Indeed. And the 4e DMG even says, point-blank, that you should use a variety of encounter levels in order to keep things interesting. By including the occasional fiction-justified roflstomp, and the occasional "in over our heads" nail-biter, you significantly enhance the play experience. The 4e books tell you to do it. Yet every damn time 4e's encounter building comes up, there is a 100% chance of at least one person setting up a level 1 Straw Golem of "bUt EvErY eNcOuNtEr HaS tO bE pErFeCtLy BaLaNcEd FoR pArTy LeVeL!!!1!1one!" (Or the more sophisticated, but still incorrect, "it must always lie within a narrow range, much narrower than 5e.")

I would happily field opponents from -5 to +5, possibly even the occasional +7 with the right incentives. That is, such a combat sounds like the kind of thing where traps, hazards, creative player actions, and situational/environmental effects take center stage. You're gonna need an edge, so making the fight be about finding and exploiting that edge is more interesting than just featuring a grindy beat-em-up. Or, having alternative victory conditions is also a valid approach; you might be able to kill the lich, but all you really need to do is disrupt her ritual. Etc.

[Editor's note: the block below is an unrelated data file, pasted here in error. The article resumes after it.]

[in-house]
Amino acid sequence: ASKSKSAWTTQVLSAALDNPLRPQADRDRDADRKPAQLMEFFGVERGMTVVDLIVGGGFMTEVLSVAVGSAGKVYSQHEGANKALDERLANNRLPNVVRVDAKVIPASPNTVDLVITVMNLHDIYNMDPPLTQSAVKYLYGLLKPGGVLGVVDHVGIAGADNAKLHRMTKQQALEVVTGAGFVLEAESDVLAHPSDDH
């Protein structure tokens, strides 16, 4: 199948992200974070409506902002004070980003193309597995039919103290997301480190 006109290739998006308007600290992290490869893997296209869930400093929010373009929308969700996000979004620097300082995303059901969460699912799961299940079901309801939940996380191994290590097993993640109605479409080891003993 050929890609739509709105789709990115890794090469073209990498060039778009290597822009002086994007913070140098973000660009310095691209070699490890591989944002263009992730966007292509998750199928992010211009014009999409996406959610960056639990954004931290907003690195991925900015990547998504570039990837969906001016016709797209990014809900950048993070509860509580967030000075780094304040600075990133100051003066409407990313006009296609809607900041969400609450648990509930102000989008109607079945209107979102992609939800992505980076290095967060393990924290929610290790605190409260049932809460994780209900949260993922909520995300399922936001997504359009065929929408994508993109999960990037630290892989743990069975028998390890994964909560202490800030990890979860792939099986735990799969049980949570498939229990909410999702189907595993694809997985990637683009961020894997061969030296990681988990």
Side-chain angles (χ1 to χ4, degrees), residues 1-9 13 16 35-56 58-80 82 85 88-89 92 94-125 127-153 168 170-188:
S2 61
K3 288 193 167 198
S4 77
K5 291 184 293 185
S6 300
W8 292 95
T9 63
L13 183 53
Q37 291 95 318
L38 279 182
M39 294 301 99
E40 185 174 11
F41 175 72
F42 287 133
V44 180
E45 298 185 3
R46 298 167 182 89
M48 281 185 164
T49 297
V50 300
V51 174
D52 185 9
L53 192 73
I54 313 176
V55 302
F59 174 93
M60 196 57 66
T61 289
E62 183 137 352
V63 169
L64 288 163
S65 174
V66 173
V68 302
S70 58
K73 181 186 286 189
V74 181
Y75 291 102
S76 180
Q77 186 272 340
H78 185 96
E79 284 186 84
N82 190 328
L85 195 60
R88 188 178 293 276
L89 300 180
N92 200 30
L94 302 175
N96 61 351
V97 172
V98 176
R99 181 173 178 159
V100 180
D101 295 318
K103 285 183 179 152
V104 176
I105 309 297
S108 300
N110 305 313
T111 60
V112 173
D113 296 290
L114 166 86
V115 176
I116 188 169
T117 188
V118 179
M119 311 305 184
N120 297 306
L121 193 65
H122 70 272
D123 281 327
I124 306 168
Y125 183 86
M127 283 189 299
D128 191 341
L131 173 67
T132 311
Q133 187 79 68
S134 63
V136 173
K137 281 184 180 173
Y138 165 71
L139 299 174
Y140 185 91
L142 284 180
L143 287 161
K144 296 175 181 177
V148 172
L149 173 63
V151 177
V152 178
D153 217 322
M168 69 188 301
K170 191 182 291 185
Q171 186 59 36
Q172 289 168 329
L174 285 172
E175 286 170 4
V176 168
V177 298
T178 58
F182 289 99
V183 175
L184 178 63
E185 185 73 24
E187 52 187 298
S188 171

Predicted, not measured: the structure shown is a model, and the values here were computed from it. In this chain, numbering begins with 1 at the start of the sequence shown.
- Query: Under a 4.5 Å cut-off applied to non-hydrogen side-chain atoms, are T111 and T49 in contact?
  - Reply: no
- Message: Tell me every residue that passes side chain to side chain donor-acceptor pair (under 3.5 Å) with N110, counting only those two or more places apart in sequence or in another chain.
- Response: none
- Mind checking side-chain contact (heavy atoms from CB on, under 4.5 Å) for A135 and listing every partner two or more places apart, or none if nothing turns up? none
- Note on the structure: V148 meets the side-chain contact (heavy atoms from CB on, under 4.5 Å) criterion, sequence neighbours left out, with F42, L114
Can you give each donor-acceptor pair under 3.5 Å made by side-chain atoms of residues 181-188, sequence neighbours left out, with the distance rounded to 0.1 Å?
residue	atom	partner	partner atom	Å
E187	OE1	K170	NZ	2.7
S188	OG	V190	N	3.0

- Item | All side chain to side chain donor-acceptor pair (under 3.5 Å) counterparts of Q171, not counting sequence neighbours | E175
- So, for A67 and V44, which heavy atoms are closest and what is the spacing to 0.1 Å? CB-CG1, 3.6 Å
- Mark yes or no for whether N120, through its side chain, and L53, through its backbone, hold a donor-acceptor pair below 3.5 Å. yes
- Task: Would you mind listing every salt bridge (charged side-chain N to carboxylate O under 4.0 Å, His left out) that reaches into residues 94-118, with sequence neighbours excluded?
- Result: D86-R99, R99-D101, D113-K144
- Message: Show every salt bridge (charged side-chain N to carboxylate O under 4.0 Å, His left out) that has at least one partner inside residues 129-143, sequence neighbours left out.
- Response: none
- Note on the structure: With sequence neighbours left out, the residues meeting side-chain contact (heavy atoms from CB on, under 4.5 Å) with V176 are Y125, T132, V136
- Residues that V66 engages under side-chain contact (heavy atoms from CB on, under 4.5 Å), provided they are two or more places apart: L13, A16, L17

pemerton

Legend
OK, so I started with 4e and really 'pulled it apart' and thought about all of this, and then redesigned it. My conclusion is that 4e has objective DCs. This is born out by all the reams of lists of such in the DMG! An iron door has a DC of X to break down, etc. Then there is a 'tag' attached to each such DC that is 'level', which tells you the level of PCs that this might be a moderate challenge for (exactly the same way level works for 4e monsters, BTW). Now, 4e isn't 100% consistent in labeling everything with a level, and maybe some adventures give different DCs for basically the same stuff, or whatever. Its not a perfect system and different GMs can subtly alter the flavor of the game by moving these DCs around a bit.
I tend to look at those charts differently: I see them as a device for moving from DC to level to tier.